National Anthems: facts and oddities

There are a few things that truly represent a country and a culture, from flags to cities, animals to languages, but perhaps there is none more obvious and purposeful than the anthem.

Patriotism at its finest, a national anthem is a symbol of it’s people, learnt early in school and sung in unison at many important national events; often representing the history and traditions, struggles and hardships of each country, using music and song in the forms of marches, hymns or operas.


Now I’m sure, very hopeful at the least, that you know your own anthem, maybe you know some others too, think God Save the Queen or The Star-Spangled Banner; But do you know what it means? Who wrote it? When it was composed? These are questions that are sometimes overlooked. Today I plan on giving you a little insight into the unique, intriguing, and humorous facts that present themselves in the history of these national icons.

First, let’s get a little history in for good measure. National anthems become popular in the early 19th century, mostly in Europe; some have had the music written before the lyrics, some vice versa; some have taken music or lyrics from compositions much older than the anthem itself, and some have been written by a composer of a nationality other than the anthem being written.

The oldest national anthem came into existence between 1568 and 1572, the Dutch  ‘Wilhelmus’ was written during the Dutch Revolt, officially becoming the national anthem in 1932.


There was a competition held in Mexico in 1853, for people to submit a poem that would serve as the national anthem, the winner was a poet who was forced to enter a submission by his girlfriend, after she locked him a room.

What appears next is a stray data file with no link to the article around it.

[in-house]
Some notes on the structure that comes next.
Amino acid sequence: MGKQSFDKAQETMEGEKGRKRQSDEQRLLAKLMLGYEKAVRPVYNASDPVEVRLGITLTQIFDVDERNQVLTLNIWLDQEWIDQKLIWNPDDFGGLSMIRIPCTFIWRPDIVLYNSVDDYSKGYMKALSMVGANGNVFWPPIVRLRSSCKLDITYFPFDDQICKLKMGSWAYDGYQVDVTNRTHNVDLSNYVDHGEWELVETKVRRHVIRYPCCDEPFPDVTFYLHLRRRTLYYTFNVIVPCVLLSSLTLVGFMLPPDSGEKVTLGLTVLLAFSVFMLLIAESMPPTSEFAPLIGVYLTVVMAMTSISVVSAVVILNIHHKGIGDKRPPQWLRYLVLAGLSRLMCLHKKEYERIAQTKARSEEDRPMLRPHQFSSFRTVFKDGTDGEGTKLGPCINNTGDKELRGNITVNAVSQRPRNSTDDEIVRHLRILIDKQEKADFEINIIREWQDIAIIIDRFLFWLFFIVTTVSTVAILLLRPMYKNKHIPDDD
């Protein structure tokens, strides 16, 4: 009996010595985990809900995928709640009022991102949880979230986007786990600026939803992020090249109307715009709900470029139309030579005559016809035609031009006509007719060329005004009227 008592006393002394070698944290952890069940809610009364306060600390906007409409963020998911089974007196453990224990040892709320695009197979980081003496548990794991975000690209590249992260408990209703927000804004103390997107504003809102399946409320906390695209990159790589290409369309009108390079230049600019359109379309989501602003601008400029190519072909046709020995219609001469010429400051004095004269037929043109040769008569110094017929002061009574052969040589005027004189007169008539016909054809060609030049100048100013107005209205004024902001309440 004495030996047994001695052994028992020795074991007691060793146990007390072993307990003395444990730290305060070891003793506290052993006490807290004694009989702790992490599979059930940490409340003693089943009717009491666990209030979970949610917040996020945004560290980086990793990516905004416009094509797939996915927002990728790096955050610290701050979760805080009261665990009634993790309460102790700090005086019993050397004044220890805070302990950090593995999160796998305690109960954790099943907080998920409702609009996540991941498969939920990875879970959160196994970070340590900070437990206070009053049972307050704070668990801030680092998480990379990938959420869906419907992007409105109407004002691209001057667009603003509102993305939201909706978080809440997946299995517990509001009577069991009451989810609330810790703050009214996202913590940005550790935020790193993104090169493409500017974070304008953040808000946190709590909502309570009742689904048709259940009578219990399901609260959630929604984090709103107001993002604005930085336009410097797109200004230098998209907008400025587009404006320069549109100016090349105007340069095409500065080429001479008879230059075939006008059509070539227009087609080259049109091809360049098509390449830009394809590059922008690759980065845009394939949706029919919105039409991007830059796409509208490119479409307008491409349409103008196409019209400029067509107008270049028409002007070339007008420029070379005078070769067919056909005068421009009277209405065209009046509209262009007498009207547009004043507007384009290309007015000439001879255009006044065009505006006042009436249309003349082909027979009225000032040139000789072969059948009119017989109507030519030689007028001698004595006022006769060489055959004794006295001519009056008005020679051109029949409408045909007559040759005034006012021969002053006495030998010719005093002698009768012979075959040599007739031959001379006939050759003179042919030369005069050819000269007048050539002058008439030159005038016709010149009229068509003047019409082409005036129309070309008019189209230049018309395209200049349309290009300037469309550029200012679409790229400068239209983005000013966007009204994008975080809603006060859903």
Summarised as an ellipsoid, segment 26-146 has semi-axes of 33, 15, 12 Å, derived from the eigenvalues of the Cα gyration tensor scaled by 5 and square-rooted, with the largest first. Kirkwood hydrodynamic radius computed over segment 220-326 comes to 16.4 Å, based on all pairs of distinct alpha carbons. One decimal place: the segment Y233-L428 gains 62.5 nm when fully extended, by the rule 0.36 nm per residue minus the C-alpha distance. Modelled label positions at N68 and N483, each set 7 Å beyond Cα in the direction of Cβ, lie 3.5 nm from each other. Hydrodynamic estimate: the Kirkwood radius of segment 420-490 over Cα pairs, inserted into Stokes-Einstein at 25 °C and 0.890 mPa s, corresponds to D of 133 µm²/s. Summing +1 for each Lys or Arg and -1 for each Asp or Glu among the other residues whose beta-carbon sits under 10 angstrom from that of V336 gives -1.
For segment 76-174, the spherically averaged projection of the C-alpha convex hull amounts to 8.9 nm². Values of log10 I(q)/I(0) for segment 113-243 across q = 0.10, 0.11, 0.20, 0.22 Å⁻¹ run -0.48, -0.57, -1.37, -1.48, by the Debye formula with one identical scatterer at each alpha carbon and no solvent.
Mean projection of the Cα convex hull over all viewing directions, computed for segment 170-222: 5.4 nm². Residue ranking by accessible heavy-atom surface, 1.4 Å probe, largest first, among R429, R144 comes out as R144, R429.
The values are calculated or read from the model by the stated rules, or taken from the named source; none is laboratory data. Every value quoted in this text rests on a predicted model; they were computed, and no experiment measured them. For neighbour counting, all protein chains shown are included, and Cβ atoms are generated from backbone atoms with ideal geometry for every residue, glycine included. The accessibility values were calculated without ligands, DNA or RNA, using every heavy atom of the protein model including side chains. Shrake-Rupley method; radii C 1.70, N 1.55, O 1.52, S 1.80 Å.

Czechoslovakia created a national anthem when it was formed in 1918, by simply taking half of a Czech opera and half a Slovak folk song, when Czechoslovakia split up in 1993, the anthem followed suit, breaking into the two haves and going their separate ways.

Germany’s anthem, Deutschlandlied, was written to the music from Haydn’s String Quartet in C major; it contained the phrase “Deutschland über alles,” and as such was banned in 1945; now it is back in usage however only the third stanza, the ‘friendly’ section.

Uruguay’s national anthem is the longest with 105 bars of music, which equates to about 6 minutes, although Japans anthem has 158 verses. In Australia in 2003, at the Davis Cup Tennis Match, the wrong Spanish national anthem was played. Several countries have had their president or other statesman compose the anthem, including Belgium, Ecuador, Jamaica and Colombia. More than 40 national anthems were composed by someone of a foreign nationality.


I’m sure there are a few more that I’ve not mentioned, do you know of any? Is there an interesting history behind your own national anthem?